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  • About

    Covering the latest trends and topics in USB IP.

    I started working on USB in 1995, starting with the world’s first BIOS that supported USB Keyboards and Mice while at Award Software. After a departure into embedded systems software for real-time operating systems, I returned to USB IP cores and software at inSilicon, one of the leading suppliers of USB IP. In 2002, inSilicon was acquired by Synopsys and I’ve been here since. I also served as Chairman of the USB On-The-Go Working Group for the USB Implementers Forum from 2004-2006.

    I received an M.B.A. from Santa Clara University and an M.S. in Engineering from University of California Irvine, and a B.S. in Engineering from the University of Minnesota. I’m a licensed Professional Engineer in Civil Engineering in the State of California
    - Eric Huang

Synopsys at Type C (USB-C) Plugfest and Synopsys USB Type C IP Solutions

Posted by Eric Huang on July 30th, 2015

Morten Christiansen authored today’s blog on the industry’s first plugfest earlier this month.  At this exciting event, USB Engineers (no marketing people generally) bring their products on carts, and go from hotel room to hotel room interoperating their products with stationary products.  Morten as spent a lot of time writing and contributing to standards at Ericsson for mobile phones.  He’s our Technical Marketing Manager for USB products, a great guy and a fantastic engineer, and a true expert on USB applications.  Hopefully he will write for us more in the future.

 

USB Type C on HAPS Hanging out on a cart in a Hotel room for the plugfest

Picture 1:  A cart with multiple PCs, FPGA boards, power supplies and cables is required to move around and test prototypes. This is the ‘business end’ of the cart.

I attended the Type-C InterOp Event in Portland, OR a few weeks ago. InterOp Events and PlugFests are fun, scary and interesting. Test results are for information only and not published. Without breaking any confidentiality agreements; here are some of my thoughts on Type-C based on this event:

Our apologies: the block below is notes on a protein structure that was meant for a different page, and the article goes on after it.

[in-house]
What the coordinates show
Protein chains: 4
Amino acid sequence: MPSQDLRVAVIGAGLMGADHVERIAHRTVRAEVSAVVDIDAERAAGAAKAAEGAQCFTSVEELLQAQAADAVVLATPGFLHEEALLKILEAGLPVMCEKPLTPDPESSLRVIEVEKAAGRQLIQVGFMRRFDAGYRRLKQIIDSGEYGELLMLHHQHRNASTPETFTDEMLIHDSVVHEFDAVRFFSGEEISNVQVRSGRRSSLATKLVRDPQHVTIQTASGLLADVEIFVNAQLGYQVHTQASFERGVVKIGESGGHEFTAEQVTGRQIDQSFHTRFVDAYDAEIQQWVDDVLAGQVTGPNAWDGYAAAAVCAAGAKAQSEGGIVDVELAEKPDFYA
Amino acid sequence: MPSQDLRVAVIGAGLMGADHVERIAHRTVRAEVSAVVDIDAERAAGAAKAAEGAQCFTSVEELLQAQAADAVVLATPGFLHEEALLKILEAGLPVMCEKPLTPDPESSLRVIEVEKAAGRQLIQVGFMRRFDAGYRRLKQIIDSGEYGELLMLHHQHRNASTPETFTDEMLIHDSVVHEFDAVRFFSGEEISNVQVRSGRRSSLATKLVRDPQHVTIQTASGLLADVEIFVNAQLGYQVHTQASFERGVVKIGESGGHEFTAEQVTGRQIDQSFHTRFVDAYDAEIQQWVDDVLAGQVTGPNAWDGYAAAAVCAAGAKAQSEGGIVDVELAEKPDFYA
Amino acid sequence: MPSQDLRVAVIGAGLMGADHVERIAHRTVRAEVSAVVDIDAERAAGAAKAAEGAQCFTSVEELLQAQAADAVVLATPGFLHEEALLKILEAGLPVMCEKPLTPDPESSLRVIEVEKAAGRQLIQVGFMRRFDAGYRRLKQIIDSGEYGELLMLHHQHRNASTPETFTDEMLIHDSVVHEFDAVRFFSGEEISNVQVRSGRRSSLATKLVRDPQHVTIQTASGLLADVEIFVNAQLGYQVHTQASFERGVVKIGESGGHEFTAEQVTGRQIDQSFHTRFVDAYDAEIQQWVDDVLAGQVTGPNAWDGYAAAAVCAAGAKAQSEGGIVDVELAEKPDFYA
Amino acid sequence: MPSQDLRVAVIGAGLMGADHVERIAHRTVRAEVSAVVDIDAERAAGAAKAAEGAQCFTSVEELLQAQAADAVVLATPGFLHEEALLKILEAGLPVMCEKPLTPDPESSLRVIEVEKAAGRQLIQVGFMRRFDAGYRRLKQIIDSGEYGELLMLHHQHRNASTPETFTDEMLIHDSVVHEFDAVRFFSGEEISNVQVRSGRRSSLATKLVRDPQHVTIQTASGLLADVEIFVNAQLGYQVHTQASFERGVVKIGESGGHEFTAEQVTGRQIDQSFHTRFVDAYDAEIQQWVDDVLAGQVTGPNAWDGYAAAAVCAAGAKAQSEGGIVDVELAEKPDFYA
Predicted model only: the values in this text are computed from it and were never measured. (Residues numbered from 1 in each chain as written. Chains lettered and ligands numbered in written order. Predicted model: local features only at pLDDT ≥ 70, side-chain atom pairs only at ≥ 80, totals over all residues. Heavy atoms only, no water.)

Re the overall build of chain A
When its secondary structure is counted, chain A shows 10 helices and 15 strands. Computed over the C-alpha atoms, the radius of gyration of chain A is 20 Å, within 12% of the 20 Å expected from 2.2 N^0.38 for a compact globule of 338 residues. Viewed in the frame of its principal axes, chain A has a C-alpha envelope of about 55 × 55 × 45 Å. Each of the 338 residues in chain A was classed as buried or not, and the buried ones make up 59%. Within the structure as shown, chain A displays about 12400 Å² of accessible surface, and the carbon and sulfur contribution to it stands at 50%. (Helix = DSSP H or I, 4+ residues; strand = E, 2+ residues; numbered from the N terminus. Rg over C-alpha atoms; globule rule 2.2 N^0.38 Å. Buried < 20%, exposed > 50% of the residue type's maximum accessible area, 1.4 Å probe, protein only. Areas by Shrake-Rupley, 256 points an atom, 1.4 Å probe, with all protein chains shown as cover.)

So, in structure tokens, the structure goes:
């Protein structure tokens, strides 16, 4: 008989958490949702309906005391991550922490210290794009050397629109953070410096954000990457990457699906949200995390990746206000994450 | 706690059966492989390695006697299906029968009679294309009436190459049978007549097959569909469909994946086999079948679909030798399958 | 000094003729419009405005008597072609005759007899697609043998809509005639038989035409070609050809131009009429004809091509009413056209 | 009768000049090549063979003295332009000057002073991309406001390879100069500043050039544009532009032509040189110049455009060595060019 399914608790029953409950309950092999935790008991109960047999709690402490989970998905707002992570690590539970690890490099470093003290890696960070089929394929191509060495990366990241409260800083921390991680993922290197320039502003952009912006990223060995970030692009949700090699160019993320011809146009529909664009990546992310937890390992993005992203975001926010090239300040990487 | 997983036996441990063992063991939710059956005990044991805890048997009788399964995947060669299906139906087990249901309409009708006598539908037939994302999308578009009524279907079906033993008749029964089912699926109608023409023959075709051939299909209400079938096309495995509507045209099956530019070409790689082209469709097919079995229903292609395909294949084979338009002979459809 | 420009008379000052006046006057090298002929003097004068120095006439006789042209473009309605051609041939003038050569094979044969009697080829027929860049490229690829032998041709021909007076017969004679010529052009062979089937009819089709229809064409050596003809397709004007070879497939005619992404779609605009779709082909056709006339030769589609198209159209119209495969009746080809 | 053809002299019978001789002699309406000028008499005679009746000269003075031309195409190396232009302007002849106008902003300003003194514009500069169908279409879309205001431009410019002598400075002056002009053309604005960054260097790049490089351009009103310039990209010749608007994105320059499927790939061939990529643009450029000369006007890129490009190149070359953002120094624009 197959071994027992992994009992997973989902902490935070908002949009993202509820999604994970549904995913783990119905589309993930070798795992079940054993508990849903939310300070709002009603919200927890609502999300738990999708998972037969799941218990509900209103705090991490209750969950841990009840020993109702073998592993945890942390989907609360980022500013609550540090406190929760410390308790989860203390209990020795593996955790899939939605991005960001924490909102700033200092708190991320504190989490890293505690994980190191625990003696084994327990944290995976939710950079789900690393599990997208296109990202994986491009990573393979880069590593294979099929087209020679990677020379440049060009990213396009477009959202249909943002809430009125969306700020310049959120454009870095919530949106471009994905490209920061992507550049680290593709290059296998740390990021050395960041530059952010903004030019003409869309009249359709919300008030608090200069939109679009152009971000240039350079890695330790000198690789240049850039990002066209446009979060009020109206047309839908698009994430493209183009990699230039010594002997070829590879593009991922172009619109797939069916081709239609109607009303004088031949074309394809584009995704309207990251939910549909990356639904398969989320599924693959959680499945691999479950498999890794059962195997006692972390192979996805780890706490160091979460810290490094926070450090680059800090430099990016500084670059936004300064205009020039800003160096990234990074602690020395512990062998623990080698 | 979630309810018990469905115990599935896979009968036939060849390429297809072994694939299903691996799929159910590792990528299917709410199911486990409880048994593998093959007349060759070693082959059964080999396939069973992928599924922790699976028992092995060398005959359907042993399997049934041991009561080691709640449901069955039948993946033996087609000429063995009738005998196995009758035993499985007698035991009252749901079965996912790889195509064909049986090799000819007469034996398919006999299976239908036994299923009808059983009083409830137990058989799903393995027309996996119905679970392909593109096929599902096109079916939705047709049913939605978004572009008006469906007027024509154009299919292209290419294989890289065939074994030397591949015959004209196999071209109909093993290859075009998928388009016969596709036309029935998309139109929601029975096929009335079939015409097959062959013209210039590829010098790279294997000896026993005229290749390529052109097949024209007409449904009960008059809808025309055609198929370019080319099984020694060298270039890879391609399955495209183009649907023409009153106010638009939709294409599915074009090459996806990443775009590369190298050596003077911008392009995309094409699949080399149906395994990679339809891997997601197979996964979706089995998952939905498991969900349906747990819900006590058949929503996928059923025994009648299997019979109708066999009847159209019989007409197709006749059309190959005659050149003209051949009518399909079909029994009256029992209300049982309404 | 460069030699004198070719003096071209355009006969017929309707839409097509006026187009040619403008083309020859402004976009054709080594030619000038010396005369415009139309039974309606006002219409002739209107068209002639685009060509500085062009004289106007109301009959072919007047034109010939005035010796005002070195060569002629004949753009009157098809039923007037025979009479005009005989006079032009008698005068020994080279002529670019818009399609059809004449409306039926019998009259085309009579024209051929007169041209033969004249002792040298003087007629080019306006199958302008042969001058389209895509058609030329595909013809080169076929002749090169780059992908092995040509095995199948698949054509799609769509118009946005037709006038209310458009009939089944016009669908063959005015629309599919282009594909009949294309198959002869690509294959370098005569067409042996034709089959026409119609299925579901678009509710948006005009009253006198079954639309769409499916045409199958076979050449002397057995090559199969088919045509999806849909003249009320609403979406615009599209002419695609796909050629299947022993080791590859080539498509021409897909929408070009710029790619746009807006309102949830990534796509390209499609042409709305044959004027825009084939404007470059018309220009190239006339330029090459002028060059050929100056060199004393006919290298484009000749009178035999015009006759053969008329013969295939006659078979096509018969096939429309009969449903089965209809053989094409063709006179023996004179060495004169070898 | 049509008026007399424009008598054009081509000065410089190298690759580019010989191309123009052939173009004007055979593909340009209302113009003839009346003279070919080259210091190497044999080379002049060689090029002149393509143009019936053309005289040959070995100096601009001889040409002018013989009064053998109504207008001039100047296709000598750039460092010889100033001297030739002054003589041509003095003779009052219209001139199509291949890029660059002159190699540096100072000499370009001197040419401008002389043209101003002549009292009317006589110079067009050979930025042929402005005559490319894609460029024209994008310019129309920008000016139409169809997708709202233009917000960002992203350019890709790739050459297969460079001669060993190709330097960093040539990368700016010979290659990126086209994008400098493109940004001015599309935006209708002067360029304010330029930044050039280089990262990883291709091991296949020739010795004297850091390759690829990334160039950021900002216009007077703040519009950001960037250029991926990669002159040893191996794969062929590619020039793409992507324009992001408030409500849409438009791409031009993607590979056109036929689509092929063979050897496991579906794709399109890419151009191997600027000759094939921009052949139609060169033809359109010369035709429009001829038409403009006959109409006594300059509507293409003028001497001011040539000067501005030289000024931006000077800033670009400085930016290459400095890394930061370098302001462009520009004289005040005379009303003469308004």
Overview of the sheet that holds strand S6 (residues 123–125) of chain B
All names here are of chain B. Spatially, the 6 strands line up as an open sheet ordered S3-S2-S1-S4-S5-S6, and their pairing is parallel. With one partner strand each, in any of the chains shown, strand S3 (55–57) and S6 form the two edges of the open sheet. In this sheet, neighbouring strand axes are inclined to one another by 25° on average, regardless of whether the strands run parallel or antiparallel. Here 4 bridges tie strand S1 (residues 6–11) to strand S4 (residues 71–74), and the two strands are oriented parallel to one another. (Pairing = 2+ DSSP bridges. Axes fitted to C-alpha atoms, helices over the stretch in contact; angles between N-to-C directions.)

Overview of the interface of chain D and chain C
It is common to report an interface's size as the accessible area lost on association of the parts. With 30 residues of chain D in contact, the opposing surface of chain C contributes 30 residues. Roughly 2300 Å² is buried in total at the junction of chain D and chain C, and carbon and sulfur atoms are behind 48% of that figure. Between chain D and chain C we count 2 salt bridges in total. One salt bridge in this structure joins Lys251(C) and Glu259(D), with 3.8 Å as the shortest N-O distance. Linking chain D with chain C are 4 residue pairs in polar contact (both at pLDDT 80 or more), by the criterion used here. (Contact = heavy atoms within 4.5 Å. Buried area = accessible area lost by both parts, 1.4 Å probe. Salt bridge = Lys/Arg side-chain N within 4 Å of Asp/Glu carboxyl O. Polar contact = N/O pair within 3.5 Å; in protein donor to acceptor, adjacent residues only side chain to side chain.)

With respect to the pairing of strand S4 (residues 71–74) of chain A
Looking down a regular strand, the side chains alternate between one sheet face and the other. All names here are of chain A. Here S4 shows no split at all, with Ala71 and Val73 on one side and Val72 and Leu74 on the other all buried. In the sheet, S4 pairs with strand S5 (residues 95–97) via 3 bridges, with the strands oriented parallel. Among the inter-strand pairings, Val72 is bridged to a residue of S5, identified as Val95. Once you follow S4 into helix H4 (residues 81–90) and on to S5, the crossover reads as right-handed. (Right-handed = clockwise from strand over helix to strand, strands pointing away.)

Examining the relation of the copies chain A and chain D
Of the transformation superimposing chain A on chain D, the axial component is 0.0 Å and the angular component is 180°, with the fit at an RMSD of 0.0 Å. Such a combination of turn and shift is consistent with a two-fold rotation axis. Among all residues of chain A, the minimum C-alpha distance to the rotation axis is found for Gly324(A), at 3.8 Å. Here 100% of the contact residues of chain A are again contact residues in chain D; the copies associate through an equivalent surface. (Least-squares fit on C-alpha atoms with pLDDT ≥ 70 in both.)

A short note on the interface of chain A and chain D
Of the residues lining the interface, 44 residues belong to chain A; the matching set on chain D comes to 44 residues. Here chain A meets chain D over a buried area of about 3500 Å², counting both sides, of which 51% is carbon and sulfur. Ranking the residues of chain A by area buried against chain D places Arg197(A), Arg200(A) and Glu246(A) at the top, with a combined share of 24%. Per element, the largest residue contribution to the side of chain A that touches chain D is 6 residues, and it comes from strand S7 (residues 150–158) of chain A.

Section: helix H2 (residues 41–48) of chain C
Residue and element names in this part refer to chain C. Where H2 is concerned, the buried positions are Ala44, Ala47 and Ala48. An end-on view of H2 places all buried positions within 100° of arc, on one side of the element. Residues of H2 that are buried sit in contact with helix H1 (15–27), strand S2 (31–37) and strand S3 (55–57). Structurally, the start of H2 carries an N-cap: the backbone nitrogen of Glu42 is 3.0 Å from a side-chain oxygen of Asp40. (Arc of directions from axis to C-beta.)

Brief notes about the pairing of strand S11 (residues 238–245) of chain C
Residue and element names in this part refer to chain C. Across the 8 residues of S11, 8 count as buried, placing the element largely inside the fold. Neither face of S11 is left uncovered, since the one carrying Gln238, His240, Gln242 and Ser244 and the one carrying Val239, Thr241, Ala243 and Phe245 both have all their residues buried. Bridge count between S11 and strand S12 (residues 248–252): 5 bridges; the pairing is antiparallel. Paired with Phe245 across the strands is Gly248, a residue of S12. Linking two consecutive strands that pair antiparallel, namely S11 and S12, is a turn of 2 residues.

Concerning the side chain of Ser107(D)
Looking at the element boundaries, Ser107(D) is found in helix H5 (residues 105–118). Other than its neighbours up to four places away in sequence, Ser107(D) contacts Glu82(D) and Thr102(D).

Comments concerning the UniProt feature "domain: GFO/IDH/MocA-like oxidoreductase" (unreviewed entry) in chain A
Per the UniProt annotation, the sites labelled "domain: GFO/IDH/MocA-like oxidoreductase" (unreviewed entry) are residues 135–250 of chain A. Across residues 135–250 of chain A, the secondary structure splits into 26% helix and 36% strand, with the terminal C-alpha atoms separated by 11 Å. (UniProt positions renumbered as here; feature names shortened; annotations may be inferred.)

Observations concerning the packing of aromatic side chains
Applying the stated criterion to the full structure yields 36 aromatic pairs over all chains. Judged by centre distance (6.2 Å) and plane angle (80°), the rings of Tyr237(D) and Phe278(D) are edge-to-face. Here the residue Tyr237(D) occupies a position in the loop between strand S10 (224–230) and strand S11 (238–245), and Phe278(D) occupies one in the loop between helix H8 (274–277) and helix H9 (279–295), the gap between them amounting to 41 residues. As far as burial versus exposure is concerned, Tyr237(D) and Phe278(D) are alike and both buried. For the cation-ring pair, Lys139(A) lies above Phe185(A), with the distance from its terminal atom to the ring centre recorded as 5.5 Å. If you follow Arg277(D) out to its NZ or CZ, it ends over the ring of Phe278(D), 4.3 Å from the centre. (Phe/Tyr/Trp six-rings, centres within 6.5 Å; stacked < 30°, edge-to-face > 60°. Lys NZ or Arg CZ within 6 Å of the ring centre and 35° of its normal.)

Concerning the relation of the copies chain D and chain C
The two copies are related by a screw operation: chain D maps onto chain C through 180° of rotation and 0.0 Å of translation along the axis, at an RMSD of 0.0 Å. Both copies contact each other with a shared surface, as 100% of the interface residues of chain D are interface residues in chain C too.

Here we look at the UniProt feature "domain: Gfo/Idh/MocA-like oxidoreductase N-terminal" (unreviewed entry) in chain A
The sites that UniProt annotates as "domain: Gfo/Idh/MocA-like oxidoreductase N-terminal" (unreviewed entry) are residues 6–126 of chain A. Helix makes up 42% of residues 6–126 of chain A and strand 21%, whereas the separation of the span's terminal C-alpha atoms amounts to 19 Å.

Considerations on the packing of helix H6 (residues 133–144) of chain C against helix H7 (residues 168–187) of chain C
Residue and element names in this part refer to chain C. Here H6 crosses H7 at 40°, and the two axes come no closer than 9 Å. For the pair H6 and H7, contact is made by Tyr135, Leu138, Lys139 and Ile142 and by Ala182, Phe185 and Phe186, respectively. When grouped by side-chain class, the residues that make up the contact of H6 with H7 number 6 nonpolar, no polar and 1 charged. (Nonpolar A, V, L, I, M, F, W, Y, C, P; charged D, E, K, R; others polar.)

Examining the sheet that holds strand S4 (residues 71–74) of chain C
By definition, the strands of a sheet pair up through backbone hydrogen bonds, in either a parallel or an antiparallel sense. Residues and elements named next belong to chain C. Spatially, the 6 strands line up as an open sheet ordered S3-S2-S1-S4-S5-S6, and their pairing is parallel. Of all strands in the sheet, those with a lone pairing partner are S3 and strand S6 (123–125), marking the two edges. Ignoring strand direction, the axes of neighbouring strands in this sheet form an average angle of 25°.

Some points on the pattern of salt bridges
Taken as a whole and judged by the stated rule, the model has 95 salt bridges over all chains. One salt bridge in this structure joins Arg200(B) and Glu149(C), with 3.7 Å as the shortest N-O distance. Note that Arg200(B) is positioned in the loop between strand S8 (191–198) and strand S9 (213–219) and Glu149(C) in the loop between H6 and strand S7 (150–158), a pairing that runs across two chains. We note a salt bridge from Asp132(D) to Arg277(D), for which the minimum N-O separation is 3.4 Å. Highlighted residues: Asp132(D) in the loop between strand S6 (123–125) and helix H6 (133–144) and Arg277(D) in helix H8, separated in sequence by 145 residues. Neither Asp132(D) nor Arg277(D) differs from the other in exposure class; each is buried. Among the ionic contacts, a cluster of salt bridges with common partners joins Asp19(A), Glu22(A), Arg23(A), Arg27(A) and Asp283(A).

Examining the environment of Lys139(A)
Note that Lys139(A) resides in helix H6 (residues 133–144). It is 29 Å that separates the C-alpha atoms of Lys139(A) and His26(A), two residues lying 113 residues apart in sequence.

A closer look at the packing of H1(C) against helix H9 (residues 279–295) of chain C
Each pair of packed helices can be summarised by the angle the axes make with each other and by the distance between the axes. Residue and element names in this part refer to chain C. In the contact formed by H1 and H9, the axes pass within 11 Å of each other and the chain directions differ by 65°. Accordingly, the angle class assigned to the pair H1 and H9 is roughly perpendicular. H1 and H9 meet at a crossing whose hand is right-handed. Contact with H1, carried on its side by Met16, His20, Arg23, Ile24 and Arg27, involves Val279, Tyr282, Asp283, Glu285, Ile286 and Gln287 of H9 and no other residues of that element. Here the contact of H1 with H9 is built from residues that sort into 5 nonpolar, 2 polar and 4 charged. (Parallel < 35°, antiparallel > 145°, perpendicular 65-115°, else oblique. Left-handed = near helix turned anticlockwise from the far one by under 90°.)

InterOp background:

The purpose of an InterOp Event is to provide the industry an opportunity for early testing of devices and systems. Early products are by definition designed based on an immature understanding of the relevant specifications. It also happens that errors or inconsistencies exists in the specifications. How the design handles this affect interoperability. However, early testing mainly benefits the end-users. By testing and verifying products before they are shipping in volume to end-users, specification compliance and interoperability is verified.

Products based on mature specifications can easily and effectively be tested by certified test-houses. The process is simple: Pack up the system, send it to the test-house and wait for the test certificate. When designers do their job properly; no excitement. InterOp Events and PlugFests on the other hand are far more interesting.

This Type-C InterOp Event had approx 100 registered attendees. 45 registered roving devices moved around the hotel for 3 days. Each of the devices could visit 26 test suites with vendor systems, hosts and stationary devices. I addition, the USB-IF hosted 5 compliance test suites.

The fun:

Packing, shipping and setting up the prototype system, lugging it around for 3 days before repacking and preparing for transport back to HQ is not fun. Meeting old friends from yesteryears is fun. Reminding each other of previous events, non-working devices, the steep learning curve and the first successes. “And this time we are so much better prepared.” As a former designer I also enjoyed technical discussions with

The scary:

InterOp can be scary. Hopefully the “will it work?” question has been addressed in the lab before going to such an event. However there is always the possibility that your product could “crash and burn”. At this event, there were no recorded casualties. I am aware of one system that died after connecting to an alien device. However as the backup system arrived next morning, the dead system suddenly worked again. Apparent self-healing is one of the interesting things that does happen at InterOp. It also happens that systems and devices die overnight, for no apparent reason. At previous events, recorded casualties have been numerous. 5V@3A is significant power and can cause damage in modern chips that work at less than 1V. When Power Delivery is enabled, up to 20V@5A is available. Systems have actually caught fire at previous InterOp events!